Volume 73, Number 33 | December 17 - 23, 2003



Community Board 4 votes against adding bars to two problem clubs

By Albert Amateau

Two Chelsea clubs, whose neighbors have endured noise and worse ever since they’ve been open, were turned down this month by Community Board 4, which voted unanimously against recommending their applications to the State Liquor Authority.

Viscaya, which opened in October at 191 Seventh Ave. between 21st and 22nd Sts., applied for a license for an additional bar and an increase in occupancy from 74 to 182. But after hearing a woman whose family lives above the place tell about the devastating effect of the bar’s sound system on her 6-year-old son, the community board voted against a recommendation.

Sessa, a club that re-opened last year in the basement of a high-rise apartment building at 208 W. 23rd St., also applied for a license for an additional bar. But because there have been more than 30 police investigations in the past year, including three felony arrests, one rape, 13 assaults including stabbings and a robbery, the community board asked the S.L.A. to deny the application and to suspend the current license for at least a year.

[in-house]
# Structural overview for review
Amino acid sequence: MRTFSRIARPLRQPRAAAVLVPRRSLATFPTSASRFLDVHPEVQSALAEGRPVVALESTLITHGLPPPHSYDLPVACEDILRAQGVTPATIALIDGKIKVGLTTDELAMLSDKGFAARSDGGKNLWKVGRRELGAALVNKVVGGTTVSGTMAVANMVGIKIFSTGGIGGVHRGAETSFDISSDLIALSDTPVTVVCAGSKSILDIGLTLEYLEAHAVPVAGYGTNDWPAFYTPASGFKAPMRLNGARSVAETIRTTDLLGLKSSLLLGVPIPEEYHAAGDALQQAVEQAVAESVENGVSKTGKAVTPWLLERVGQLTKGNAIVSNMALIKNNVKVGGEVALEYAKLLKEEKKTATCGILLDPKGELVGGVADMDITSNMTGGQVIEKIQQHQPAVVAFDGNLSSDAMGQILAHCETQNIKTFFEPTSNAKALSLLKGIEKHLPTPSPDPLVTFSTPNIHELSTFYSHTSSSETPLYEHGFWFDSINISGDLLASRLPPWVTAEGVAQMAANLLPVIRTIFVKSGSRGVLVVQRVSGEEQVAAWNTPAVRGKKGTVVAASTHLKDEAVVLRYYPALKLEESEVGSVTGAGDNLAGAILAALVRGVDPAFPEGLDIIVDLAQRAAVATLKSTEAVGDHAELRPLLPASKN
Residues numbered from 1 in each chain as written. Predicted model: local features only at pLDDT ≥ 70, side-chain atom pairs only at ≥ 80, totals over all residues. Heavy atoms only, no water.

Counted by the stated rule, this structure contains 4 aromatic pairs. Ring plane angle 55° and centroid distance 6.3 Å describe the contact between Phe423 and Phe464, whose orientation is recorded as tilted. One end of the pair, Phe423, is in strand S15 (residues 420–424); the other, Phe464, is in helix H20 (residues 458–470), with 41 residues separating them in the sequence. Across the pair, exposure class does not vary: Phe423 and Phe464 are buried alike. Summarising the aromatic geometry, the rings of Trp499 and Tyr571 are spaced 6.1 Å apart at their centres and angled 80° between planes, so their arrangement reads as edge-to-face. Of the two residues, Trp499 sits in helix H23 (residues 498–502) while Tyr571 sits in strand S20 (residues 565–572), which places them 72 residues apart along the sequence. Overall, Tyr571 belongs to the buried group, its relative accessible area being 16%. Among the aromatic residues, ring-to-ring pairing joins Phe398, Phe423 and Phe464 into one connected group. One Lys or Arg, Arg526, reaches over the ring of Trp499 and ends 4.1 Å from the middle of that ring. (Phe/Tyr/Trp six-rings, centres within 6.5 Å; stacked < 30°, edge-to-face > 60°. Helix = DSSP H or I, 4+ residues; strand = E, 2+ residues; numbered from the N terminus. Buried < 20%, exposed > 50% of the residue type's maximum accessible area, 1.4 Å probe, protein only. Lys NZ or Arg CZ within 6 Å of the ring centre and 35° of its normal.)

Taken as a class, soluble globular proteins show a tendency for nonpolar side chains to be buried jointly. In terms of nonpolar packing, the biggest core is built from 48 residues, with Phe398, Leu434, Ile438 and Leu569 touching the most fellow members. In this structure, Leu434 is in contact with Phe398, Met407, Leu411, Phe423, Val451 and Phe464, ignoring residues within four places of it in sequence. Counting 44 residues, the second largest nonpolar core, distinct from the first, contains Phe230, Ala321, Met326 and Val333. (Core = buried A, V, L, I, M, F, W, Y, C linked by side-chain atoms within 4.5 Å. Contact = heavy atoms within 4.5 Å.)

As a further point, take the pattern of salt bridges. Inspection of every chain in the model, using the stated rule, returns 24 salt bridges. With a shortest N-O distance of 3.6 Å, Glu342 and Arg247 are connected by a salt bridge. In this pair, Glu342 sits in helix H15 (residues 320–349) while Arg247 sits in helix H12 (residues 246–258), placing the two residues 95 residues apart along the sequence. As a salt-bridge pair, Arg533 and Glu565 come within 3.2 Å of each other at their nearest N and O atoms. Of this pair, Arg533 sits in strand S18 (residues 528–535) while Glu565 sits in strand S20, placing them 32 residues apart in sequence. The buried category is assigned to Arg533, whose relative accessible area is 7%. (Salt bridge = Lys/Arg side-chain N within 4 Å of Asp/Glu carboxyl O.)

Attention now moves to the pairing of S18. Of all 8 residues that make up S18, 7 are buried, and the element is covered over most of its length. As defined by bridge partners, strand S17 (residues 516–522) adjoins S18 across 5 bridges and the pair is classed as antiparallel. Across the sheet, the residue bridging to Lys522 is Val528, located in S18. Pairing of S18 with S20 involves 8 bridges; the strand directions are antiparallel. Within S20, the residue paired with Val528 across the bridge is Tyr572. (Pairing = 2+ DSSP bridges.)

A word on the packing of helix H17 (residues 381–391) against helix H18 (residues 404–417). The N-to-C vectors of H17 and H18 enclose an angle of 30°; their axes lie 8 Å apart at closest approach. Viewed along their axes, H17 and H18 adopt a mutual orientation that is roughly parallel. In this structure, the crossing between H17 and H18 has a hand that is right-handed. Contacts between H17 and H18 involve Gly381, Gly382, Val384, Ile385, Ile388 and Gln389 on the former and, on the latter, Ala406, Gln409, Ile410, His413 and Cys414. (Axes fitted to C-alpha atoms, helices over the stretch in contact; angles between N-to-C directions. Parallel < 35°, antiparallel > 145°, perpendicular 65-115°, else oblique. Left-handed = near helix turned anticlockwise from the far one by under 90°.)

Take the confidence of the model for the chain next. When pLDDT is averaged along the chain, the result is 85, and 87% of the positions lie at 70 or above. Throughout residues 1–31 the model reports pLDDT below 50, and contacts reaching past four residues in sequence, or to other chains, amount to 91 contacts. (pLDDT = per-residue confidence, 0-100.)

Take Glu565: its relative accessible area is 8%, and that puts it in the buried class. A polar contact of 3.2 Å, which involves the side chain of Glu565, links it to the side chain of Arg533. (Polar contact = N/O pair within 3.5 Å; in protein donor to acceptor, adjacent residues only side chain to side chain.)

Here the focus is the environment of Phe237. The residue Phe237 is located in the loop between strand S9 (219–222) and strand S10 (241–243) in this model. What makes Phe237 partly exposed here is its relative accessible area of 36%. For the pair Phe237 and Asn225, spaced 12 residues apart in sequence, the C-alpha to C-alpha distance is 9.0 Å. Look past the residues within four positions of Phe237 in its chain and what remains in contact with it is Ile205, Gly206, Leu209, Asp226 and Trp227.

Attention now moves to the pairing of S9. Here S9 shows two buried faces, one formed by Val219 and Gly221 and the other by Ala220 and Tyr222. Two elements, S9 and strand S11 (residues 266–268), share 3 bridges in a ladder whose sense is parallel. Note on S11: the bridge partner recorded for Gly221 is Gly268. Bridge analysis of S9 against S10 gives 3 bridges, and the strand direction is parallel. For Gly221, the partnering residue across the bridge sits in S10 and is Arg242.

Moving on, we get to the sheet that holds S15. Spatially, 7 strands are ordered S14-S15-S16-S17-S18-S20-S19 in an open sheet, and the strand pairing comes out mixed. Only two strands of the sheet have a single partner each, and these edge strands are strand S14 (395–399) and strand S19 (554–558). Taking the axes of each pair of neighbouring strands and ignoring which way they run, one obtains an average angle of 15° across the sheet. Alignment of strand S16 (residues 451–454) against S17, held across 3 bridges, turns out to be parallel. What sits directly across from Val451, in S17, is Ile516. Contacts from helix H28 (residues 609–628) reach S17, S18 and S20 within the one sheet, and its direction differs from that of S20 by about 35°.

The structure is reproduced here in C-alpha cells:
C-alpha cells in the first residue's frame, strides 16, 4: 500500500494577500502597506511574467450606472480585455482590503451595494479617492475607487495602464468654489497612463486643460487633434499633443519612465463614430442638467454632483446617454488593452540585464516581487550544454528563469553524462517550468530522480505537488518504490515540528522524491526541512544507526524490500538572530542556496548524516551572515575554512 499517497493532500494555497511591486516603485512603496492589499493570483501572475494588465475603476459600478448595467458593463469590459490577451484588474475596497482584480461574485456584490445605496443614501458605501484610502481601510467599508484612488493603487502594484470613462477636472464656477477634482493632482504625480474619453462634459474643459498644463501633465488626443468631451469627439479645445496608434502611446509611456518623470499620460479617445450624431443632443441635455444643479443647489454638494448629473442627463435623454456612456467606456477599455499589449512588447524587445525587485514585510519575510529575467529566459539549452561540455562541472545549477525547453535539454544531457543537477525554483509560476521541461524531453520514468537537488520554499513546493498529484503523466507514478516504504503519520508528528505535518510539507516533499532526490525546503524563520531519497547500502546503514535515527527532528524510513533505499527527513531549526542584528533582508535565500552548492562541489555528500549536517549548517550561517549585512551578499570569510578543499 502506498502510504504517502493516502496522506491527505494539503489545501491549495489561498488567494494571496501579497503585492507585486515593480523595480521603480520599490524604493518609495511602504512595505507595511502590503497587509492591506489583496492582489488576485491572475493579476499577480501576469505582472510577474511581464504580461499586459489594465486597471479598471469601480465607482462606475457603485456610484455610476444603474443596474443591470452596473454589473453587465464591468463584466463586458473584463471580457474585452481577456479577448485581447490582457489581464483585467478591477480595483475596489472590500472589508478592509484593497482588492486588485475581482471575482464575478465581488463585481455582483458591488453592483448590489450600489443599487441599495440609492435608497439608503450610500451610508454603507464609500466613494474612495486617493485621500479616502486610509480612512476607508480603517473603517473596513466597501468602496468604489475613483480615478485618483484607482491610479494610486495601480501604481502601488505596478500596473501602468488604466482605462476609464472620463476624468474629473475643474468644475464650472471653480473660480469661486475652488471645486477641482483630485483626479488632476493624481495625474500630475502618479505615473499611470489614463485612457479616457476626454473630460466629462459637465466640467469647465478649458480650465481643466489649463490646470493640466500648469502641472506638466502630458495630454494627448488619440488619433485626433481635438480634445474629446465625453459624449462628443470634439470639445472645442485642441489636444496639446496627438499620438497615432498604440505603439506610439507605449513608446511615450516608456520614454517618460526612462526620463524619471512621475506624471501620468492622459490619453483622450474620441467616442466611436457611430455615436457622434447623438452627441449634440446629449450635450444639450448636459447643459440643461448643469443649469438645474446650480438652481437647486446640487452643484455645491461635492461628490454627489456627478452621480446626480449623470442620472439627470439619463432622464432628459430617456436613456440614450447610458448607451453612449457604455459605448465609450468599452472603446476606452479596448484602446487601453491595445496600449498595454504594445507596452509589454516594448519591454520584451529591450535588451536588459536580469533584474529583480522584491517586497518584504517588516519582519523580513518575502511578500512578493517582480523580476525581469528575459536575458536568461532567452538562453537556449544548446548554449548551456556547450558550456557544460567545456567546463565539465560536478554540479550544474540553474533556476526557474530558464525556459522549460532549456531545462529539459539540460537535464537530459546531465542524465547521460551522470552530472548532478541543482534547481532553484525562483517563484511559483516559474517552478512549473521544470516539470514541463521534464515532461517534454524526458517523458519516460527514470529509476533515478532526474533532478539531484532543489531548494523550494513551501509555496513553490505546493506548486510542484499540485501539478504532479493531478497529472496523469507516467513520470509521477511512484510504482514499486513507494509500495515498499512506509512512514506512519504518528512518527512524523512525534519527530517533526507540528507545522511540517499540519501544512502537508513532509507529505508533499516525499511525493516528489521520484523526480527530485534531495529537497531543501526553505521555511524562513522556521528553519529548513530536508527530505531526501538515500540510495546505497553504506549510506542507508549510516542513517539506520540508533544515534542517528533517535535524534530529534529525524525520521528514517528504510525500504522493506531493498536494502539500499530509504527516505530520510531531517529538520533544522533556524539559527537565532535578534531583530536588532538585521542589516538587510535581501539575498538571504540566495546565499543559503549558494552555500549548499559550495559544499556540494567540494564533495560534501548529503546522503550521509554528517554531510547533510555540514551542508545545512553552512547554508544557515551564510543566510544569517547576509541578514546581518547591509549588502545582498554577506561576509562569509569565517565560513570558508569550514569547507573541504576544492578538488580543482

“We could spend an hour describing how this location has driven people crazy in its various incarnations over the past decade and is driving this generation of people crazy too,” said Cheryl Kupper, co-chairperson of the Business Licenses and Permits Committee, in regard to Sessa.

The successor to a club known as Twirl, Sessa, located in the basement of the Carteret apartment tower, has prompted neighborhood complaints about “noise, litter and filth,” according to the board letter to the S.L.A.

Kupper said that Sessa’s attorney, Terry Flynn, appeared at the November meeting of the Licenses and Permits Committee to say that the owner, Stratis Morfogen, whose father had owned a coffee shop on Eighth Ave. and 23rd St., would try to be a good neighbor.

But the committee said the club owner had disregarded all the stipulations it had made with the community board. “It is abundantly clear that this operator is a scofflaw and this operation presents a real danger to its neighbors, our district and the city,” said the letter. The community board has also called on the Department of Consumer Affairs and the Multi Agency Response to Community Hotspots (MARCH) in its efforts to close the place.

The board’s action on Viscaya was a reversal of a conditional recommendation for approval that the Licenses Committee voted in November. Lien Corey, who lives with her family above the club, told the full board on Dec. 3 that Viscaya’s sound system prevented her son from sleeping and caused him to wet his bed.

Viscaya’s manager, Dimitrios Partridge, told the board that he had spent “a lot of money” trying to soundproof the Corey apartment. But Corey said Viscaya’s sound system penetrated her apartment.

The board’s December letter to the S.L.A. in regard to Viscaya said, “Since the committee meeting in November, the board has received numerous complaints sufficient to warrant a denial of the application.”


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